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Object Kinetic Monte Carlo (OKMC): A Coarse-Grained Approach to Radiation Damage

  • Christophe DomainEmail author
  • Charlotte S. Becquart
Living reference work entry

Abstract

Object kinetic Monte Carlo (OKMC) approaches allow one to explicitly coarse grain atomic processes to simulate the evolution with time of the system/microstructure. This class of methods is quite versatile and can be used to model different processes where the motion of atoms in a given microstructure and their interaction with sinks and traps of the microstructure lead to changes such as phase transition or modification. In this chapter, the method is presented as applied to radiation damage modeling. Along with a description of the technique, we discuss the different pathways possible to couple OKMC with smaller- as well as larger-scale methods and conclude with a brief enumeration of what we believe are the issues for future development.

Abbreviations

AKMC

Atomic kinetic Monte Carlo

BKL

Bortz, Kalos, and Lebowitz

DFT

Density functional theory

EKMC

Event kinetic Monte Carlo

F/M

Ferritic/martensitic

FIA

Foreign interstitial atoms

FP

Frenkel pair

GPU

Graphics processing unit

KMC

Kinetic Monte Carlo

MD

Molecular dynamics

MFRT

Mean field rate theory

NEB

Nudged elastic band

ODS

Oxide dispersion strengthened

OKMC

Object kinetic Monte Carlo

PBC

Periodic boundary conditions

PD

Point defects

RPV

Reactor pressure vessel

RTA

Residence time algorithm

SFT

Stacking fault tetrahedras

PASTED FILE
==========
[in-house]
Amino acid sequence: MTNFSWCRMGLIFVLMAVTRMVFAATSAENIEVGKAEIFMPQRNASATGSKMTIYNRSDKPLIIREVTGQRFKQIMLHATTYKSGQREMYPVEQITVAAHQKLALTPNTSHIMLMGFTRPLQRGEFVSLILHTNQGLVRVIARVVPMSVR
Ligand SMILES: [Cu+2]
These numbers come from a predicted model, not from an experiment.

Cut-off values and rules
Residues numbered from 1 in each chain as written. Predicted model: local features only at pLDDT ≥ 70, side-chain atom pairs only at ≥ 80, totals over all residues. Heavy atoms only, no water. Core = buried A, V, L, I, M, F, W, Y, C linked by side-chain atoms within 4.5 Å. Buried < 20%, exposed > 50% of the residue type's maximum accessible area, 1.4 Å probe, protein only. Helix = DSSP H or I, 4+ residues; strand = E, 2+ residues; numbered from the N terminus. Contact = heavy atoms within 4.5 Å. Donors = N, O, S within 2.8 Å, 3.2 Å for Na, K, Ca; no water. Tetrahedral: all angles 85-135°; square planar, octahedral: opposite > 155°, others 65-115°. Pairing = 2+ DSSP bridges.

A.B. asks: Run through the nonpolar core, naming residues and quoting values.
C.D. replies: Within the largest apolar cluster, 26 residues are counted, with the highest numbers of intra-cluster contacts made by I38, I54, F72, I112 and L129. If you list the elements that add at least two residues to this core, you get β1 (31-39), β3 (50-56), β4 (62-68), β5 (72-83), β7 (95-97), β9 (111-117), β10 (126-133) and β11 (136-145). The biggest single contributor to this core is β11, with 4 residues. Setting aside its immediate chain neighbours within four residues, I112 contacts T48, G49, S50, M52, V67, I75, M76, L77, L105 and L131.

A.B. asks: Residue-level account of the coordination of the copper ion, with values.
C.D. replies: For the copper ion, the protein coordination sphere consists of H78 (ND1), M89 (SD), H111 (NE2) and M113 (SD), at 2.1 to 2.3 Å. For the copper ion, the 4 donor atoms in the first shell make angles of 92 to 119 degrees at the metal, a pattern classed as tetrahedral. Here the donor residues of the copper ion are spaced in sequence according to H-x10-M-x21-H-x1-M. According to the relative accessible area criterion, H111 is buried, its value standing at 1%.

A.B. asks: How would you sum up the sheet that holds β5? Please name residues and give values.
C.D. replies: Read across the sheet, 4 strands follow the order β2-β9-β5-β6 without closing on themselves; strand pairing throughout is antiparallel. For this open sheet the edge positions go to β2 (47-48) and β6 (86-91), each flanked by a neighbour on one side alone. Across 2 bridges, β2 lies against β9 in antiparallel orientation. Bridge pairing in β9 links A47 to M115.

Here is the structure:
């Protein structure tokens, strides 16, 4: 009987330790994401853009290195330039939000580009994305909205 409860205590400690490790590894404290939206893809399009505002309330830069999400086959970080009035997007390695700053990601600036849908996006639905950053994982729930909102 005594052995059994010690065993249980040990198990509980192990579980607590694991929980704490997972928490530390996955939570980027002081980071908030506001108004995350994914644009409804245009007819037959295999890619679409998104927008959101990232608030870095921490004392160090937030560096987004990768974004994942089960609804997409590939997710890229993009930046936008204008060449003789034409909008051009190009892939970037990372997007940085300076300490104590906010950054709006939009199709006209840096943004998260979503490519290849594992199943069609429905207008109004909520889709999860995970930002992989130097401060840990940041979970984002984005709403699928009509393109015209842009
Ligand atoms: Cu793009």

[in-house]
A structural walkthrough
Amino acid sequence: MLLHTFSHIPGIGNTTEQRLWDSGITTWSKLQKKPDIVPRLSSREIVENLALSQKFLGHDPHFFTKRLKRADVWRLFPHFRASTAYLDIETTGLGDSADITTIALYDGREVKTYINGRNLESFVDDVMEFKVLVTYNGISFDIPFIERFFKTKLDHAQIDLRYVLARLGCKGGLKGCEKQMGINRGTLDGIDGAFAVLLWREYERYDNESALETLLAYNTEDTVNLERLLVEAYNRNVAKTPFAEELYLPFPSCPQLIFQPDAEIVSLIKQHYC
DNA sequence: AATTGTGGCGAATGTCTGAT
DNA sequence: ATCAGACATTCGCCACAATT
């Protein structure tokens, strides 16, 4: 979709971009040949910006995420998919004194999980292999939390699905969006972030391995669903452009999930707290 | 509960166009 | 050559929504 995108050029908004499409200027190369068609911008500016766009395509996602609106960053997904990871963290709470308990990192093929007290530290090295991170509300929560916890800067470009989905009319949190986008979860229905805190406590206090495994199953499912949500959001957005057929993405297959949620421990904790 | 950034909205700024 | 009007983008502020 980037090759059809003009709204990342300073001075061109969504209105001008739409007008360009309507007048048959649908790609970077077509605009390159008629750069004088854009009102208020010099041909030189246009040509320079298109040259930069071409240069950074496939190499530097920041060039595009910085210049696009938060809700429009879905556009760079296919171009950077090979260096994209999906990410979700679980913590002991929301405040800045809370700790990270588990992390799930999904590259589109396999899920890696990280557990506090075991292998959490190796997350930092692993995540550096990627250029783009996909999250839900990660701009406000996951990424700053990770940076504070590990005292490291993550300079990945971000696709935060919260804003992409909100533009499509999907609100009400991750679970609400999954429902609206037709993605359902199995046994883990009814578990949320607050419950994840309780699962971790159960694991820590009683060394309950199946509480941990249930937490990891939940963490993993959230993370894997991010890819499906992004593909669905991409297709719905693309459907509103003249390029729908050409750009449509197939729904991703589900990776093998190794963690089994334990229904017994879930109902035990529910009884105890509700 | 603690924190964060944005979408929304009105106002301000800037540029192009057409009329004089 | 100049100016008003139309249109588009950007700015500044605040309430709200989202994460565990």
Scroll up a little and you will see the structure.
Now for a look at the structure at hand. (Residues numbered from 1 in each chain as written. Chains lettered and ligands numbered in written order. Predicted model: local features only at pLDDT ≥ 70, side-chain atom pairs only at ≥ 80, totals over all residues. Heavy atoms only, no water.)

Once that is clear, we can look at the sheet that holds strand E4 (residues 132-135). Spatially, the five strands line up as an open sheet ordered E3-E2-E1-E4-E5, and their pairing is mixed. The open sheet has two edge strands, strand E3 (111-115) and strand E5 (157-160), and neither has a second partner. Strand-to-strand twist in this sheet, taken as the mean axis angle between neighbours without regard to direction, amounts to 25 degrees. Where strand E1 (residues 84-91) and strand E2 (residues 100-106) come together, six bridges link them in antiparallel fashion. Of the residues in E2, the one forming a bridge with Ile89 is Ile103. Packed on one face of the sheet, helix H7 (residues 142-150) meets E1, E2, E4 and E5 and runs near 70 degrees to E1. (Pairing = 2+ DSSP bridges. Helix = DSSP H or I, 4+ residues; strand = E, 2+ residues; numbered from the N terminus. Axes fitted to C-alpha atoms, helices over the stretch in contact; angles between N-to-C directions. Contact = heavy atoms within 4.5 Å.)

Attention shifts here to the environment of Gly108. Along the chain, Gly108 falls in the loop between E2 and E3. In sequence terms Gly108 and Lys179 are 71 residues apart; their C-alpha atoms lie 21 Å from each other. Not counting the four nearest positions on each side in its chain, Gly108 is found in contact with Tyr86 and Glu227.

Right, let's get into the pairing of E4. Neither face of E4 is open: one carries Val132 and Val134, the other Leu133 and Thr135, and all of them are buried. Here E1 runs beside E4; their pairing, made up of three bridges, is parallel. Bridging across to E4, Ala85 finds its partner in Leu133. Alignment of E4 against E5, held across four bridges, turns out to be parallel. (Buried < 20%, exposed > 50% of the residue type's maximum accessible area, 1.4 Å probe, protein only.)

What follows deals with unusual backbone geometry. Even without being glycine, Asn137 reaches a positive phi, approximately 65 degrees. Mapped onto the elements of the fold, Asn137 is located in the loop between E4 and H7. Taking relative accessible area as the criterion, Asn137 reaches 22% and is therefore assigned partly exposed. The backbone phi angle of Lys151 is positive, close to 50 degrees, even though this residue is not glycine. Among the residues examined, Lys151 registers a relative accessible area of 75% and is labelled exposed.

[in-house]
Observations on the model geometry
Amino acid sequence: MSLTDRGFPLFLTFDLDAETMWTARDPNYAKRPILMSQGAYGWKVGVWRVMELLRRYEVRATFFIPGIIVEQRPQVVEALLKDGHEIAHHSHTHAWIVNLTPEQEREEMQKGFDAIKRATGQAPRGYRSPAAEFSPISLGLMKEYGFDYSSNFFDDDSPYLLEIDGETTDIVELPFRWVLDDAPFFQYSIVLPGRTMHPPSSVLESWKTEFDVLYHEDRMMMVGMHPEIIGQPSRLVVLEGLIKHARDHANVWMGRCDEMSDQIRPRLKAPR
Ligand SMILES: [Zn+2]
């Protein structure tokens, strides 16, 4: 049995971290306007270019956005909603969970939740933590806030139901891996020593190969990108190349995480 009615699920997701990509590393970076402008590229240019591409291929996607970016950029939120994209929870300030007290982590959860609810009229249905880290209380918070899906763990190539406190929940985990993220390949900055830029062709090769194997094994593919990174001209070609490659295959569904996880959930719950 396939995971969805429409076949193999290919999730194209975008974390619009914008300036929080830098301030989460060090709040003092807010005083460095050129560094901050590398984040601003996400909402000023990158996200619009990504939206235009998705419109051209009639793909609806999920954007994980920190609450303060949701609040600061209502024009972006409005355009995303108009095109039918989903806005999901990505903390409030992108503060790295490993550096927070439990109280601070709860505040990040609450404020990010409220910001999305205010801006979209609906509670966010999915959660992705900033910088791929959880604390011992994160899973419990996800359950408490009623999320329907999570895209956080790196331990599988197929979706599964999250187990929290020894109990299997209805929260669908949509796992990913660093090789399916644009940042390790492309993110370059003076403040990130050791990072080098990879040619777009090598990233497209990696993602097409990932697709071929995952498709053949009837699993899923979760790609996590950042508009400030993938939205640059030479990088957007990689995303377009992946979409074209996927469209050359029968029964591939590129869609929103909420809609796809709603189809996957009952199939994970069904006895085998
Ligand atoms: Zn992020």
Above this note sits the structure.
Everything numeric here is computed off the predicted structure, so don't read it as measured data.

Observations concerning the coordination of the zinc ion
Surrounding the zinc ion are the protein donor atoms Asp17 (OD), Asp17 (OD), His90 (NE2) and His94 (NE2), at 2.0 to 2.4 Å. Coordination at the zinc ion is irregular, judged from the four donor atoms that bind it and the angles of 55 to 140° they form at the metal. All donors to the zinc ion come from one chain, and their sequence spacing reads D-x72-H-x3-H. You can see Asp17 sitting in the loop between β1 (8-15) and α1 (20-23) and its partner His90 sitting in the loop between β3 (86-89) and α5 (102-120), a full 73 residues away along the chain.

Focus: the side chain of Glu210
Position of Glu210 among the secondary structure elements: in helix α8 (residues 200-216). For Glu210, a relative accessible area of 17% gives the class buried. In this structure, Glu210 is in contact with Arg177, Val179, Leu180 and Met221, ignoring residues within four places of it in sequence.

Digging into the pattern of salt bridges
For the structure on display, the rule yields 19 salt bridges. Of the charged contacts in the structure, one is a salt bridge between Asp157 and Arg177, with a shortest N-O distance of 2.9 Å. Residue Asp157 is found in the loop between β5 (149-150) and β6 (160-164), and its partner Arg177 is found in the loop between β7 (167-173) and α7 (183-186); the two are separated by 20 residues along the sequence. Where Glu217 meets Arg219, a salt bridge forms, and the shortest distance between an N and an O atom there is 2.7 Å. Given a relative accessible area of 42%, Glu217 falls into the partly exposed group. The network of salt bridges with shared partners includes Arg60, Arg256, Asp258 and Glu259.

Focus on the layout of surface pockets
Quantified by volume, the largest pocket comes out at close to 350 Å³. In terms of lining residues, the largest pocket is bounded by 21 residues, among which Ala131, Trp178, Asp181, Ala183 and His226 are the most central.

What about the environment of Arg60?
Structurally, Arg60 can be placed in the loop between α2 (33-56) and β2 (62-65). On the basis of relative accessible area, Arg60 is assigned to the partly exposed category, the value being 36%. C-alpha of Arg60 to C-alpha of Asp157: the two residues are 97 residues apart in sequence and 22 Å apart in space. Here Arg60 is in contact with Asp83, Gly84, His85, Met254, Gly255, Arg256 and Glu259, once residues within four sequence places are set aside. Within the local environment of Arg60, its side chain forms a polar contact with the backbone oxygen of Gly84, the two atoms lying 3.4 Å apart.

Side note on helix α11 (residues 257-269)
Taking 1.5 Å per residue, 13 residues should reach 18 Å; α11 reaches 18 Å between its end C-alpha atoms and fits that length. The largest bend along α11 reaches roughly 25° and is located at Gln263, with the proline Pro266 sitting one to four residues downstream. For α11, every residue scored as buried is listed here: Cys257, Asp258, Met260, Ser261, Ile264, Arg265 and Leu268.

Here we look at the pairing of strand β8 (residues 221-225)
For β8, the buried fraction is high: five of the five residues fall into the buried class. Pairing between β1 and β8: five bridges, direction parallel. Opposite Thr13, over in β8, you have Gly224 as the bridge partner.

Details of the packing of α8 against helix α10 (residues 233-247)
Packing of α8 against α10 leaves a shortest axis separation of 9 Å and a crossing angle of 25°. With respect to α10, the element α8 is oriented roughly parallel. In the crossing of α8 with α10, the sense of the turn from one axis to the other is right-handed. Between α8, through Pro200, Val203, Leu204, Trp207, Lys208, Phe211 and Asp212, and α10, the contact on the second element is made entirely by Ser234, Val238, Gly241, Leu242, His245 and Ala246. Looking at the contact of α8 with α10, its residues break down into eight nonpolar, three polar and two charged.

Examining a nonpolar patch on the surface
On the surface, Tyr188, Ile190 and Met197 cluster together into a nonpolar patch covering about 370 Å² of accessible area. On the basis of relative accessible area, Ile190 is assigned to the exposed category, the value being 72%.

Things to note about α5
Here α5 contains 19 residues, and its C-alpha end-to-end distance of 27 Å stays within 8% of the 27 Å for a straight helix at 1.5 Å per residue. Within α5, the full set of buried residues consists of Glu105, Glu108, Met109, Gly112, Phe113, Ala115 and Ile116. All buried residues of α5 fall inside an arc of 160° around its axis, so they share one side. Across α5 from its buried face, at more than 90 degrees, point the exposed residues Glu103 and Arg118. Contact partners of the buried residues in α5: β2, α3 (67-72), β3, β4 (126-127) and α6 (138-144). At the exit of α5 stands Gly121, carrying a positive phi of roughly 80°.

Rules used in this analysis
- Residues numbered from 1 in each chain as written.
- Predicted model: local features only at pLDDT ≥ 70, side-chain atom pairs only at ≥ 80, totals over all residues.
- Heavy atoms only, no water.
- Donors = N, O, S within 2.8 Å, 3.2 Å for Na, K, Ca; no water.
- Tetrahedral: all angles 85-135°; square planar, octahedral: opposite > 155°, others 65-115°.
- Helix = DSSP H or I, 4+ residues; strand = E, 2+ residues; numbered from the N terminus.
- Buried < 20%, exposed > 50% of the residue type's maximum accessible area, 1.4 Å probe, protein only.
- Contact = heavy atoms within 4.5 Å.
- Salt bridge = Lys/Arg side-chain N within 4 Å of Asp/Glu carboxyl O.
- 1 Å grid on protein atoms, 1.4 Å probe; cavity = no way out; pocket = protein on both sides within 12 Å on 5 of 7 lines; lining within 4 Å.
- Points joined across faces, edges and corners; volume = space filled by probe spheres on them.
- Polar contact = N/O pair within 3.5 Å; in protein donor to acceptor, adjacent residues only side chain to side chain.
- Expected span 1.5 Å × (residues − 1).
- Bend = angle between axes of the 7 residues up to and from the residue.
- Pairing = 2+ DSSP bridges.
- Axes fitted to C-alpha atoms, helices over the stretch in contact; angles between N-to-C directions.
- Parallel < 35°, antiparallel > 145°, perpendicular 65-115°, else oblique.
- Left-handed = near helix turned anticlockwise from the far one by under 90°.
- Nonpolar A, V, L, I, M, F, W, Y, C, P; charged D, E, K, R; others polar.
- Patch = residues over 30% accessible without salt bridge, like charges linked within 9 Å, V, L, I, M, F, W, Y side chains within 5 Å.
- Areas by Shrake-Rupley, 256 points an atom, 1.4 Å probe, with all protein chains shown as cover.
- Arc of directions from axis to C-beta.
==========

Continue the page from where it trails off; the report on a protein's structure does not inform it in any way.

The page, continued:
SIA

Self-interstitial atom

ST

Self-trapping

TM

Trap mutation

Notes

Acknowledgments

This work is part of the EM2VM laboratory. It has been carried out within the framework of the EUROfusion Consortium and has received funding from the Euratom Research and Training Programme 2014–2018 under Grant Agreement No. 633053. The views and opinions expressed herein do not necessarily reflect those of the European Commission, and the Commission is not responsible for any use that may be made of the information it contains. Further funding from the Euratom Research and Training Programme 2014–2018 under Grant Agreement No. 661913 (Soteria) is acknowledged. This work contributes also to the Joint Programme on Nuclear Materials (JPNM) of the European Energy Research Alliance (EERA).

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Copyright information

© Springer Nature Switzerland AG 2018

Authors and Affiliations

  1. 1.EDF R&D, Département MMCLes RenardièresMoret sur LoingFrance
  2. 2.UMET, Unité Matériaux et TransformationsUniversity Lille, CNRS, INRA, ENSCL, UMR 8207LilleFrance
  3. 3.EM2VM, Joint laboratory Study and Modeling of the Microstructure for Ageing of MaterialsLille/Moret sur LoingFrance

Section editors and affiliations

  • Ying Chen
    • 1
  • Eric Homer
    • 2
  • Christopher A. Schuh
    • 3
  1. 1.Department of Materials Science and EngineeringRensselaer Polytechnic InstituteTroyUSA
  2. 2.Department of Mechanical EngineeringBingham Young UniversityProvoUSA
  3. 3.Department of Materials Science and EngineeringMassachusetts Institute of TechnologyCambridgeUSA

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